Paul said, "I want to know Christ crucified and only Christ crucified" because only this Christ had transformed sinful, godless reality with his presence, only this Christ had redeemed even the realms of sin and death by remaining open to God even within these realities. Only this Christ would journey with us to the unexpected and unacceptable places, and in fact, only he would meet us there with the promise and presence of a God who would bring life out of them. Thomas, I believe, knew precisely what Paul would soon proclaim himself, and it is this, I think, which stands behind his insistence on seeing the wounds and put his fingers in the very nail holes. He wanted to be sure his brethren were putting their faith in the crucified One, the one who turned everything upside down and relativized every other picture of God we might believe in. He became the great doubter because of this, but I suspect that instead he was the most faithful and astute theologian among the original Apostles. He, like Paul, wanted to know Christ Crucified and ONLY Christ Crucified.

We should not trivialize Thomas' witness by transforming him into a run of the mill empiricist and doubter (though doubting is an important piece of growth in faith)!! Instead we should imitate his insistence: we are called upon to be followers of the Crucified God, and no other. Every version of God we meet should be closely examined for nail holes, and the lance wound. Every one should be checked for signs that this God is capable of and generous enough to assume such suffering on behalf of a creation he would reconcile and make whole. Only then do we know this IS the God proclaimed in the Gospels and the Epistles of Paul, the only one worthy of being followed even into the darkest reaches of human sin and death, the only One who meets us in the unexpected and even unacceptable place, the only one who loves us with an eternal love from which nothing can separate us.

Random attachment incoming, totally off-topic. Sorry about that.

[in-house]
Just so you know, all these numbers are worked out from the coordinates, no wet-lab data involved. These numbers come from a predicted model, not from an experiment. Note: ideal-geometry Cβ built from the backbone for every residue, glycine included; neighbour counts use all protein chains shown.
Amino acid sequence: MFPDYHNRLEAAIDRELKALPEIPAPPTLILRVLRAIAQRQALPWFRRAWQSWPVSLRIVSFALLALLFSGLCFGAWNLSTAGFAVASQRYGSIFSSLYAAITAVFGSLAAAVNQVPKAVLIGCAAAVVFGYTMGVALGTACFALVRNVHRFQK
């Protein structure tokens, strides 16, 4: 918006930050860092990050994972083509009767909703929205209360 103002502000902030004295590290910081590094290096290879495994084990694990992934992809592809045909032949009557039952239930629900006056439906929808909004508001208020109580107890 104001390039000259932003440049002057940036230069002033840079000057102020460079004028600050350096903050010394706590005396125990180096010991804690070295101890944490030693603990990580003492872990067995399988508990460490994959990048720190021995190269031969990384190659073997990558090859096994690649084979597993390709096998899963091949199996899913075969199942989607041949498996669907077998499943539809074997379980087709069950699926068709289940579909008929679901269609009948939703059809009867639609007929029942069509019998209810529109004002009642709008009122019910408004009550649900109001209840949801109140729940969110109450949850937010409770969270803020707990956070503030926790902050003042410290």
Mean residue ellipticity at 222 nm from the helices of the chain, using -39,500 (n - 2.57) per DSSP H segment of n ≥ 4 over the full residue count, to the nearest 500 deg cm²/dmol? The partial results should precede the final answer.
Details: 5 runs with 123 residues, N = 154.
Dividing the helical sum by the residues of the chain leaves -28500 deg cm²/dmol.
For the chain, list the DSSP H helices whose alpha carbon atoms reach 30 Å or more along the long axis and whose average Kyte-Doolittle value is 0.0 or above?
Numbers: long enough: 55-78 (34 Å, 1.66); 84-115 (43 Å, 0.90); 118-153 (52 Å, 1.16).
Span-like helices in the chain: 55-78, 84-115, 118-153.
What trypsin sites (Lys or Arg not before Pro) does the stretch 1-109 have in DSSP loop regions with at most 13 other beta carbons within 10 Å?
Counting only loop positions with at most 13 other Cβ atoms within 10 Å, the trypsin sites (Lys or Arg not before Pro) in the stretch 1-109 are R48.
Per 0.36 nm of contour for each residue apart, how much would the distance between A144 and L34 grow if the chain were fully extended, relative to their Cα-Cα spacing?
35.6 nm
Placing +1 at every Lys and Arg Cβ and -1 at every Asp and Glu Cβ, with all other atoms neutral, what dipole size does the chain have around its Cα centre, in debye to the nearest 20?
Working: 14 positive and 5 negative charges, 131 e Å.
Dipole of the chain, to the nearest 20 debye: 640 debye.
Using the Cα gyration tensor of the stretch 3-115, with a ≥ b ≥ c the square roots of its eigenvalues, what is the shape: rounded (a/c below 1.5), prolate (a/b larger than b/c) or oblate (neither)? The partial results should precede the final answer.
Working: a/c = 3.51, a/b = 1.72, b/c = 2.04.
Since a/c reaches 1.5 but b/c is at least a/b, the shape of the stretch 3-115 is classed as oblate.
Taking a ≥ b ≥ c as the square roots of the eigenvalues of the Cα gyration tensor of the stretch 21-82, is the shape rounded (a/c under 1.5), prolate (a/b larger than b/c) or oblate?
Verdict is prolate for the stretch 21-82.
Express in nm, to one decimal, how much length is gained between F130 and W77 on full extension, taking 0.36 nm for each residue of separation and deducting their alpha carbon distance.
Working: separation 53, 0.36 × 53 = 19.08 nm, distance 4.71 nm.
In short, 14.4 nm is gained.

Postscript, 12 April. 2015. Fr Bob O'Donnell, CSP, made a great point [today] which fits with the rest of this piece but which I had never really focused on, namely, that Jesus's disciples were still cowering in a locked room when Thomas is told the risen Christ has appeared to them. (Fr. Bob also reminded us that Thomas was an undoubted leader in faith before this. cf, Jn 11:16) How can he believe this is true when the disciples are still so very fearful and isolated? Resurrection is something which in part occurs within us as Christ assumes personal power and presence in our lives. As we begin to live and act in his name, the bodily resurrection is realized there as well as in the breaking of the bread or the breaking open of the Scriptures, for instance. A sign that Christ is risen then is our transformation from frightened disciples to those who speak the truth with boldness (parrhesia). It is, as Fr Bob said today, in the transformation of the "timid ten" (for Judas was gone too) that Thomas and we too meet convincing signs of the truth of the resurrection appearances.